Abhay Deol. He also says that a film like Dev D should be watched by an entire family. A word of caution though is thrown by him - "Dev D is a family film but not the kind that should be watched by all the family members 'together'. We catch Abhay Deol in a candid mood as he talks about Dev D.
What kind of audience are you looking for Dev D?
We are looking at a family audience. It's a wholesome family entertainer; though just don't watch it with your family (laughs). In the film, we are candid about sex and violence. Though none of it is visually explicit, it's one film where it would be a little hard for you to watch it with your mom and dad. Mark my words though - they will like the film too! The subject is such that it would reach out to one and all; people will appreciate it.
Along with 'emotional atyachaar', even 'emotional violence' seems to be inherent to Dev D.
[Laughs] But we are certainly not endorsing violence in the film. We are showing it the way it is written down in the book. I don't think anyone can be offended by the so-called violent streak of the film. Come on, I mean it when I say that Dev D is a family film!
After years we are seeing a film where drugs play a major role in the narrative.
See, the thing is that there are so many masala movies out there as well where drug usage has been shown. It's just that since things are not considered real there, it's not taken seriously. Here we are more implicit; the drug usage is more candid. Everything else is more implied. Sometimes the less of what you see sticks out, especially so when you treat it in realistic manner. This is why drugs and sex is getting noticed in Dev D because all of it being presented in a much more believable manner. Since it is real, it comes across as explicit!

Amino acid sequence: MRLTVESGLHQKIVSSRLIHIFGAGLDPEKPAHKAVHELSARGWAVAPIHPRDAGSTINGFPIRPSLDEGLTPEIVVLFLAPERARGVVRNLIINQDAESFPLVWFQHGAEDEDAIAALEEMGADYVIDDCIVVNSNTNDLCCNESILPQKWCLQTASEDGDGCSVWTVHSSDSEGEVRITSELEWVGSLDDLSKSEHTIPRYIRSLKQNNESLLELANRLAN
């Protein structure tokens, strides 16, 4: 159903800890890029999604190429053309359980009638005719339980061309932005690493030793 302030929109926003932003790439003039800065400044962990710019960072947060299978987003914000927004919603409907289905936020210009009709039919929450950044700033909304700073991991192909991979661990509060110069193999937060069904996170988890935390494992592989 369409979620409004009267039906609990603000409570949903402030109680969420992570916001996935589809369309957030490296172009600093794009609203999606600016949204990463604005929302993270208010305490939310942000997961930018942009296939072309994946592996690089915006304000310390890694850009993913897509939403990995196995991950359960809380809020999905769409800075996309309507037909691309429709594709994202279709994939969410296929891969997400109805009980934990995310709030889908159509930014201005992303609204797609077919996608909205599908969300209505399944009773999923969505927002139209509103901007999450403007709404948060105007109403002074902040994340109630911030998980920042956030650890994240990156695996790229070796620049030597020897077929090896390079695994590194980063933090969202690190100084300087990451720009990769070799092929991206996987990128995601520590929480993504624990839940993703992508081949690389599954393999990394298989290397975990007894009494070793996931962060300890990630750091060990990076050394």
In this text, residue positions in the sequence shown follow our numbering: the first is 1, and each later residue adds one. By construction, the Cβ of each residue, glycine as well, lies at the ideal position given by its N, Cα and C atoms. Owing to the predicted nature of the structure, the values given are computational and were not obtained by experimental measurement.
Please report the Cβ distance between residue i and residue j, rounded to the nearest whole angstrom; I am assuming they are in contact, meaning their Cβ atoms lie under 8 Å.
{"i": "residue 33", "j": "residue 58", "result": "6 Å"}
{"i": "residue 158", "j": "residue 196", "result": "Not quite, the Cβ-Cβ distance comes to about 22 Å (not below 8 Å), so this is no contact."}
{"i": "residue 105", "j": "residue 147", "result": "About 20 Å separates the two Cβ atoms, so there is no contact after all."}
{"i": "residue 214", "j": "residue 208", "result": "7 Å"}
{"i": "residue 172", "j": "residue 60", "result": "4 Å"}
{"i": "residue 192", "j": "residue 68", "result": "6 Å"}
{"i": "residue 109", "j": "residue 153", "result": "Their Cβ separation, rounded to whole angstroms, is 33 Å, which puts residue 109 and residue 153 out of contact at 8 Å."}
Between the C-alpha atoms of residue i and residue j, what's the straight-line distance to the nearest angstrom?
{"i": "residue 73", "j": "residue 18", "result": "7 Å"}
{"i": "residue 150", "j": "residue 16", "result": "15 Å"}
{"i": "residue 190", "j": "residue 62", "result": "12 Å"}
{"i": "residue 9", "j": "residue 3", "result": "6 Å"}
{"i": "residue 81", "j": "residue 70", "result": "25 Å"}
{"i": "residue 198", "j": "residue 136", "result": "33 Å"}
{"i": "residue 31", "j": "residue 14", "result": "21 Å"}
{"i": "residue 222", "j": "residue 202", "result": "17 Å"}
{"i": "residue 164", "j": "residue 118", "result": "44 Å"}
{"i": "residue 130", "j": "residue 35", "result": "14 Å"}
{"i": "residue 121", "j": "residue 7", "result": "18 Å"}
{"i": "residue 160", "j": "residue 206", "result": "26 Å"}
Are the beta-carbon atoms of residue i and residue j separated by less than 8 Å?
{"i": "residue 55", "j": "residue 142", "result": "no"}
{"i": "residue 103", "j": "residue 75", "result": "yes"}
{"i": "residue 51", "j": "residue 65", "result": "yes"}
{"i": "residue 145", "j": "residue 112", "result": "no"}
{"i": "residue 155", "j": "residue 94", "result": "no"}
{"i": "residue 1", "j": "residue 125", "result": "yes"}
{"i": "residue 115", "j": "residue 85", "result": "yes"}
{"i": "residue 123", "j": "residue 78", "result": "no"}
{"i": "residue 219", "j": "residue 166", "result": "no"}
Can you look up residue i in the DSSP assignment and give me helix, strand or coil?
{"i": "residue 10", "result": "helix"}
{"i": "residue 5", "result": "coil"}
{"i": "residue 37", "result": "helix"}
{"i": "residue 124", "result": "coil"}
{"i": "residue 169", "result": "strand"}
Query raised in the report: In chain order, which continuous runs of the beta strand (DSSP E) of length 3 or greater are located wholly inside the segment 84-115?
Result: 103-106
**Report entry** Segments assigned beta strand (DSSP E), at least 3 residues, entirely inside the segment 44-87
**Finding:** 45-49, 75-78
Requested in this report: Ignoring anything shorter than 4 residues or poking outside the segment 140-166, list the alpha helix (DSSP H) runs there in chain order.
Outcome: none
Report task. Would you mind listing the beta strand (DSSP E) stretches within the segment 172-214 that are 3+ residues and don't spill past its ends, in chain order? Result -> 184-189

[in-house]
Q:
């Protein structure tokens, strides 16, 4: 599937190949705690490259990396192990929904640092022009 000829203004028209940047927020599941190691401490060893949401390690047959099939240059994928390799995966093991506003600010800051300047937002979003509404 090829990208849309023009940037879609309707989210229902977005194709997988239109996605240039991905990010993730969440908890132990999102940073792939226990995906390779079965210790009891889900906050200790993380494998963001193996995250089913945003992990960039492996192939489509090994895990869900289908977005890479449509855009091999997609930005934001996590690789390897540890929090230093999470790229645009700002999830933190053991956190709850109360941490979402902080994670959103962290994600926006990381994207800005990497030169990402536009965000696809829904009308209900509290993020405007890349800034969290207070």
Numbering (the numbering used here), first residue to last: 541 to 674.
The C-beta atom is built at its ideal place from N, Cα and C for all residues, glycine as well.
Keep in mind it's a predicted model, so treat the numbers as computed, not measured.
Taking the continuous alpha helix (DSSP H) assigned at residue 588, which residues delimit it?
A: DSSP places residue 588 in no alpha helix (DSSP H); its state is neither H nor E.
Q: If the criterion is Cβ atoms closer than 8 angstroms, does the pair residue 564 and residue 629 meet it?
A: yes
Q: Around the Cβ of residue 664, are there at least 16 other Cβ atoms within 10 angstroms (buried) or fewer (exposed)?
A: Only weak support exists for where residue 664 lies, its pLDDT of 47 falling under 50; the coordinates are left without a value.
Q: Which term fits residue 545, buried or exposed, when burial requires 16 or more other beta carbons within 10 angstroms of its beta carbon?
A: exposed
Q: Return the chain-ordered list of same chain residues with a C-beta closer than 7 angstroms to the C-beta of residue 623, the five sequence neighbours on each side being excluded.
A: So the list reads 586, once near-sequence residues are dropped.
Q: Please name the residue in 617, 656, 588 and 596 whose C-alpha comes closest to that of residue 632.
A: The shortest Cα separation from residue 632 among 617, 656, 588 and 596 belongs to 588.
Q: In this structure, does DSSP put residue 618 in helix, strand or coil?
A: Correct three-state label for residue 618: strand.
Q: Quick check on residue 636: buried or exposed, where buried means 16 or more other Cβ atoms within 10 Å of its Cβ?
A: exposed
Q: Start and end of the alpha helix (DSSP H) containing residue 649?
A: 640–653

But tell me honestly, isn't it a mental turmoil for an actor to be in a part of such a role?
Since Anurag's way of making movies doesn't have any space for superficial level of storytelling, it does get a mental turmoil on. When you are portraying a character like 'Devdas' for like an entire day, it does become intriguing and exhausting. It turns out to be much more than just other film because you are constantly working in a film that takes so many different pitches. One does tend to get exhausted.
Anurag (Kashyap) says that it was the film's music that helped him relax once he returned home after a heavy day at work. True for you too?
Amit Trivedi's music for the film is truly brilliant. Each of the tracks shows the state of the character's mind and works superbly with the film. Numbers like 'Duniya', 'Nayan Tarse' and 'Maahi Mainu' are my favorites. Dev D is one of rare out and out musicals that have been made. Also, for a subject like 'Devdas', we can't be fools by not having songs. Each of the 18 tracks has a reason to be in the movie. They play in the background and go down quite well while in accordance with Anurag's vision of incorporating music in the narrative.
There was music in No Smoking too...
But here you will see a difference when compared to No Smoking. There is a lot of humor derived from the songs. Also, they play for the moment and take the narrative further. Let's face it, a song less film by itself is considered as a parallel film so when we had 18 tracks at our disposal, how could we not allow Dev D to become as commercial as it can.
But weren't you worried about doing Dev D considering Anurag was fresh out of No Smoking?
Why do you guys keep forgetting Black Friday? See, No Smoking was always going to be on a different tangent altogether. I don't think the non-performance of the film at the box office was created any trap for Dev D. There is no insecurity whatsoever, why would I? I never felt like that even once while working on the film. I respect Anurag Kashyap. He has it in him to make a movie in a certain way and comes with an ability to deliver.
One really wishes that Dev D works though you would consider yourself a little unlucky with Oye Lucky Lucky Oye, right?
No way, I guess the film fetched itself as well as me some great response. And then it released at the time (the Mumbai terror attack) when there were so many other tragedies happening around us. For us the film not taking a great opening was a small tragedy. In any case, as the weeks unfolded, the film did get steady. No, it didn't rake in huge collections but people were curious as the film continued to play on in theaters and then on TV. The film has certainly recovered its money, it's not a flop. It's a little success in its own way. It gained public acceptance, got all of us some good acclaim and credibility.